Research & Preserve
Since 2010, the MK&G has been researching the provenance history of its collection and disclosing its findings. Provenance investigates whether the art objects in the museum were acquired legally or whether they include unlawfully seized cultural objects. These include Nazi looted property, especially from Jewish ownership, cultural property seizures in the Soviet occupation zone and in the former GDR, as well as acquisitions from colonial contexts. Today, the search for encumbered collection objects is the core task of provenance research.
Dr. Silke Reuther
In November 2018, the MK&G was able to restitute a silver Kiddush cup from the Judaica collection of the German-Jewish merchant and art collector Max Raphael Hahn (1880-1942), who was persecuted by the Nazi regime, to his family. The identification of the 1939 confiscated cup in the MK&G's preserved silver collection from Jewish ownership was possible on the basis of a historical photograph.
In cooperation with Max Raphael Hahn's grandson, who lives in Canada, funding was successfully applied for from the German Centre for the Loss of Cultural Property in Magdeburg for the research project to reconstruct Max Raphael Hahn's Judaica collection.
The aim is to identify the objects, determine their whereabouts and clarify the circumstances of their loss during the Nazi regime. In the process, insights are to be gained into the system of utilisation of confiscated cultural property - especially Jewish ritual objects - under the National Socialist regime. In the first funding year, the project was carried out by the provenance researcher Dr Tanja Baensch, Berlin, from 1 March 2020 to 28 February 2021. From 1 September 2021, the provenance researcher Janine Schmitt M.A., Munich, will take over further research.
Further information on the objects published in the Lost Art database can be found here.
Porcelain, bronzes, picture scrolls - thousands of objects from China in German museum collections were sourced during actions of looting that took place around 1900 in the context of the so-called "Boxer War". In most cases, their problematic history is unknown, and the various ways in which they found their way into German collections have only been researched in a cursory manner. For the first time, seven German museums have joined forces in this project in order to systematically examine their holdings for looted goods from the Boxer War and to jointly research their provenance histories.
Fighters referred to in Western literature as "boxers" were the driving force of an anti-Imperialist movement in northern China in the late 19th century called Yìhétuán Yùndòng (義和團運動, Movement of Associations for Justice and Harmony). The insurgents initially attacked Christian missionaries and their Chinese supporters, and soon also turned on foreign businessmen and diplomats. In May 1900, the violent riots spread to Beijing and culminated in a siege of the foreign legations in June. An eight-nation alliance, which included the German Empire, sent troops to China. During the so-called 'Boxer War of 1900-1901, not only were the rebels violently suppressed, but Beijing was also looted and burned. Thousands of works of art and other artefacts from the looting subsequently found their way directly or indirectly into German museum collections, for example via the art trade, where they are still kept and exhibited today.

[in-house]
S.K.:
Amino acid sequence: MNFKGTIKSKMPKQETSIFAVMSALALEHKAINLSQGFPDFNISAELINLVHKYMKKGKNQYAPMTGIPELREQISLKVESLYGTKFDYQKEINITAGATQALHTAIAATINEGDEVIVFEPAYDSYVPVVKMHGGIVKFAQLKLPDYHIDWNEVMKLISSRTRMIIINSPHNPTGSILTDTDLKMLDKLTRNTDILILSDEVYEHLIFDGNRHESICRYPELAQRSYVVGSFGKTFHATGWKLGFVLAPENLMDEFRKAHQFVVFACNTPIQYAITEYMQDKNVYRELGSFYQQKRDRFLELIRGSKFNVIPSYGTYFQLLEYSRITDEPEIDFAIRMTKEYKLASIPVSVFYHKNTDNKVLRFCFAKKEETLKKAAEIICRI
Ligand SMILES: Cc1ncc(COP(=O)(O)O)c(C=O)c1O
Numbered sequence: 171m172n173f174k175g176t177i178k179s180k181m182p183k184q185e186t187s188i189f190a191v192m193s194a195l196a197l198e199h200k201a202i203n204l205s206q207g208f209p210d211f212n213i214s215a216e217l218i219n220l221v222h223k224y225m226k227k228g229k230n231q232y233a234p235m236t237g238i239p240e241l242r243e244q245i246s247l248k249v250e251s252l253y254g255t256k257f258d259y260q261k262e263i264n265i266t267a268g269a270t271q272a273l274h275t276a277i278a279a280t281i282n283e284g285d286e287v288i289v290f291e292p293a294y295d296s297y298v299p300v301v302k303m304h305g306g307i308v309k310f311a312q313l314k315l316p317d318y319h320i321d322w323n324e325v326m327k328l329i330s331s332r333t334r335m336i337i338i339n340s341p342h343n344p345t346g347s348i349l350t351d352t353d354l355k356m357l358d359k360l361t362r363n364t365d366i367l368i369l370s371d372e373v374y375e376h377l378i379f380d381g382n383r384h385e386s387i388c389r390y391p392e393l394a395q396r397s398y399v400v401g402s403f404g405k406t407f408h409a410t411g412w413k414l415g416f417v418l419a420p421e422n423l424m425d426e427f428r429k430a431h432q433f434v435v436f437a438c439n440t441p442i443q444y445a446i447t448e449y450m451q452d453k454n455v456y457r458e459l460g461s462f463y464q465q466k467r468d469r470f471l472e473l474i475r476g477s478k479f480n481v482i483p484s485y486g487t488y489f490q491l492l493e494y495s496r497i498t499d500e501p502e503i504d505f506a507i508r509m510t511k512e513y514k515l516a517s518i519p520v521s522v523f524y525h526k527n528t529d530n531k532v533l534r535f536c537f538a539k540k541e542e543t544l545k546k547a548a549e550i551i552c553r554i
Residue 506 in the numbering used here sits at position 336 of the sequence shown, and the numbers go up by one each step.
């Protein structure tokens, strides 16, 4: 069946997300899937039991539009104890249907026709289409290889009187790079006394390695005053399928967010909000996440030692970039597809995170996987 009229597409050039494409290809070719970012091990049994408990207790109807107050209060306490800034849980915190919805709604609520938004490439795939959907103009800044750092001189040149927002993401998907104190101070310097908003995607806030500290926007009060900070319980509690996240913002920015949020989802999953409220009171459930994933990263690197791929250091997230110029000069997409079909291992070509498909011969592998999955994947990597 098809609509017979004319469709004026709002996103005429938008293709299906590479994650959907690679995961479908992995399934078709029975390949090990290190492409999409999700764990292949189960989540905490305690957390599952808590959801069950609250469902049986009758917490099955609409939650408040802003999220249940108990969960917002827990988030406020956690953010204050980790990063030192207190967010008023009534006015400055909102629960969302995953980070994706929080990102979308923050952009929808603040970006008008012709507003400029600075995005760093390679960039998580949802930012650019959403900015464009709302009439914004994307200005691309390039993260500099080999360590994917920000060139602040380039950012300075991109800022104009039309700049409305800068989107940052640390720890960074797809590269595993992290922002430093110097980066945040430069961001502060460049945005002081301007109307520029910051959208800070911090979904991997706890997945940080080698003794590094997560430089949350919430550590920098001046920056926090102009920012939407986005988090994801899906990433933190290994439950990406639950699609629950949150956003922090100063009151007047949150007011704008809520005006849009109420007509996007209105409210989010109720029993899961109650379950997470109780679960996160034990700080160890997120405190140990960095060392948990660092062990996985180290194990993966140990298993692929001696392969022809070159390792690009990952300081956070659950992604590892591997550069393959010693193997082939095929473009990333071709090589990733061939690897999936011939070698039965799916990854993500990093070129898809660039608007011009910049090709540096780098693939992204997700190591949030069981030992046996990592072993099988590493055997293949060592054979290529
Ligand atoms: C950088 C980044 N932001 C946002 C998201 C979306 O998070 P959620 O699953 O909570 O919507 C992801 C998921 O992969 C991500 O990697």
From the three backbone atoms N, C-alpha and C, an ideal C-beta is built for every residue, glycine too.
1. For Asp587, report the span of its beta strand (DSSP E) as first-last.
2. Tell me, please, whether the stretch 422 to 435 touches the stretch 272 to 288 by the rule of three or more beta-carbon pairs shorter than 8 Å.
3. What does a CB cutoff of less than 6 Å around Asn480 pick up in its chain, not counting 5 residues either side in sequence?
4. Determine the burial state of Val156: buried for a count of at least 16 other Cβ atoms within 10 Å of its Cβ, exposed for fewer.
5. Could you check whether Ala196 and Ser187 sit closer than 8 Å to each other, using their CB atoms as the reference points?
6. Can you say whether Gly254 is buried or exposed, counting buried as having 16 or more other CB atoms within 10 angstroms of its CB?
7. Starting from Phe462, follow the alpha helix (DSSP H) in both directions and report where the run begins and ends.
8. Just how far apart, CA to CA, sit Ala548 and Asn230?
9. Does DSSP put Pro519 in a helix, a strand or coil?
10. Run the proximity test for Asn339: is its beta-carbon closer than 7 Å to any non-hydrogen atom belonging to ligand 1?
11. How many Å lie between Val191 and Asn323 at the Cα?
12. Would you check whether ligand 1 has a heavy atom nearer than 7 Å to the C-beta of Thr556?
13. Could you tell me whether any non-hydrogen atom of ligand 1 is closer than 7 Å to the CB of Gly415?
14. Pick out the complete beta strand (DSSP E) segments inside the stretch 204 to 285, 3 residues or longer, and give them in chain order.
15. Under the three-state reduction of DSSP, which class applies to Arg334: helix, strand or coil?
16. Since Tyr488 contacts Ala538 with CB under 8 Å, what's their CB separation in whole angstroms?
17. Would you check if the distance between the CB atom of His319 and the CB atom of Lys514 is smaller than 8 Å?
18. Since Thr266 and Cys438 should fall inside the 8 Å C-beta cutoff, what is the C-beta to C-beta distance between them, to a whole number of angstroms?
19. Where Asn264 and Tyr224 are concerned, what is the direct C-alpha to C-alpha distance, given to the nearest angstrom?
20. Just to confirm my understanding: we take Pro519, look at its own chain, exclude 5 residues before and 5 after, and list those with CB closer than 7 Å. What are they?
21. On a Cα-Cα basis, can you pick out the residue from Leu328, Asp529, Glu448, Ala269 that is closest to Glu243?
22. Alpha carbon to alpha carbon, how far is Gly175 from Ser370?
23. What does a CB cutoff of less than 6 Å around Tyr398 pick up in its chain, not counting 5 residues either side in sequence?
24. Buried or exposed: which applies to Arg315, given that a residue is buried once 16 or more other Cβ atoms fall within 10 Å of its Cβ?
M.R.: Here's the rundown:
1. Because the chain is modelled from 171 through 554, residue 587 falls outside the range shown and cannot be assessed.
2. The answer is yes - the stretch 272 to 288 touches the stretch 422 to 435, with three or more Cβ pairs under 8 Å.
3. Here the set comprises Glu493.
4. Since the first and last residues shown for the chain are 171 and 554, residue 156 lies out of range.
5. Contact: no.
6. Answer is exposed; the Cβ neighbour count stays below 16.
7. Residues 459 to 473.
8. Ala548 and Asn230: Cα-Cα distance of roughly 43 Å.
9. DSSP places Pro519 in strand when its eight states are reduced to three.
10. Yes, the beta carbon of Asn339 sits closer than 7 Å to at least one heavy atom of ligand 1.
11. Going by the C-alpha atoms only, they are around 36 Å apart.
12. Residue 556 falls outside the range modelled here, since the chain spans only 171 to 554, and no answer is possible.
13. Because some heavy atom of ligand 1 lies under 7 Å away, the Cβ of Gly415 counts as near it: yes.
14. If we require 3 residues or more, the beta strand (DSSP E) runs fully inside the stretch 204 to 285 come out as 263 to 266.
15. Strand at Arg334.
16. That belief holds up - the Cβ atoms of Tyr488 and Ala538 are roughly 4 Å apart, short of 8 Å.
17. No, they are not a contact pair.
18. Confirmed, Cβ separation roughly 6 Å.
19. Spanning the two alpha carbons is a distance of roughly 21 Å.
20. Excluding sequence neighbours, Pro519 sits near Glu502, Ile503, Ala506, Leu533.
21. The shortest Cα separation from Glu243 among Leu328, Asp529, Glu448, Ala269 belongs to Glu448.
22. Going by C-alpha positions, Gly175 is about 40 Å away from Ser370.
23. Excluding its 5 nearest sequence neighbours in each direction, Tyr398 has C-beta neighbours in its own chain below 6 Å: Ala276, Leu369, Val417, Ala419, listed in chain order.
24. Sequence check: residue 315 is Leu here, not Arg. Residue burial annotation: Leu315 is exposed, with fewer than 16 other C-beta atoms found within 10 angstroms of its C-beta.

The project "Traces of the ‘Boxer War’ in German Museum Collections" examines both objects in the individual institutions and the actors involved in their theft, transport and trade. In doing so, historical mechanisms of collecting these sensitive objects in Germany will be made visible. In addition to researching the collection holdings, the goal of the project is to publish a methodological guide. This will create the basis for a more comprehensive examination of the Chinese collection holdings in national and international museums in the context of the 'Boxer War'.
"Traces of the ‘Boxer War’ in German Museum Collections" is a collaborative project by the Stiftung Preußischer Kulturbesitz in Berlin (Zentralarchiv, Museum für Asiatische Kunst and Ethnologisches Museum of the Staatliche Museen zu Berlin), the Museum am Rothenbaum - Kulturen und Künste der Welt and the Museum für Kunst und Gewerbe in Hamburg, the GRASSI Museum für Angewandte Kunst in Leipzig, the Museum Angewandte Kunst in Frankfurt am Main and the Museum Fünf Kontinente in Munich, carried out in cooperation with Shanghai University.
The project is funded by the German Lost Art Foundation and runs from November 2021 to November 2023 (Project ID: KK_LA03_I2021).
Looted Art? A Marble Panel from the Afghan Royal Palace in Ghazni in the Collection of the MK&G
Edited by Sabine Schulze und Silke Reuther, on the occasion of the exhibition Looted Art? at the Museum für Kunst und Gewerbe Hamburg, 2018. With contributions by Julio Bendzu-Sarmiento, Claus-Peter Haase, Stefan Heidemann, Frank Hildebrandt, Tobias Mörike, Mohammad Fahim Rahimi, Silke Reuther und Sabine Schulze. 80 pages, soft cover, ISBN 978-3-923859-89-4, 9,90 Euro. Available in German only at the museum shop.
Looted Art? The Benin Bronzes
Edited by Sabine Schulze und Silke Reuther, on the occasion of the exhibition Looted Art? The Benin Bronzes at Museum für Kunst und Gewerbe Hamburg, 2018. With contributions by Anja Ellenberger, Tobias Mörike, Barbara Plankensteiner and Silke Reuther. 64 pages, soft cover, ISBN 978-3-923859-87-0, 9,90 Euro. Available at the museum shop.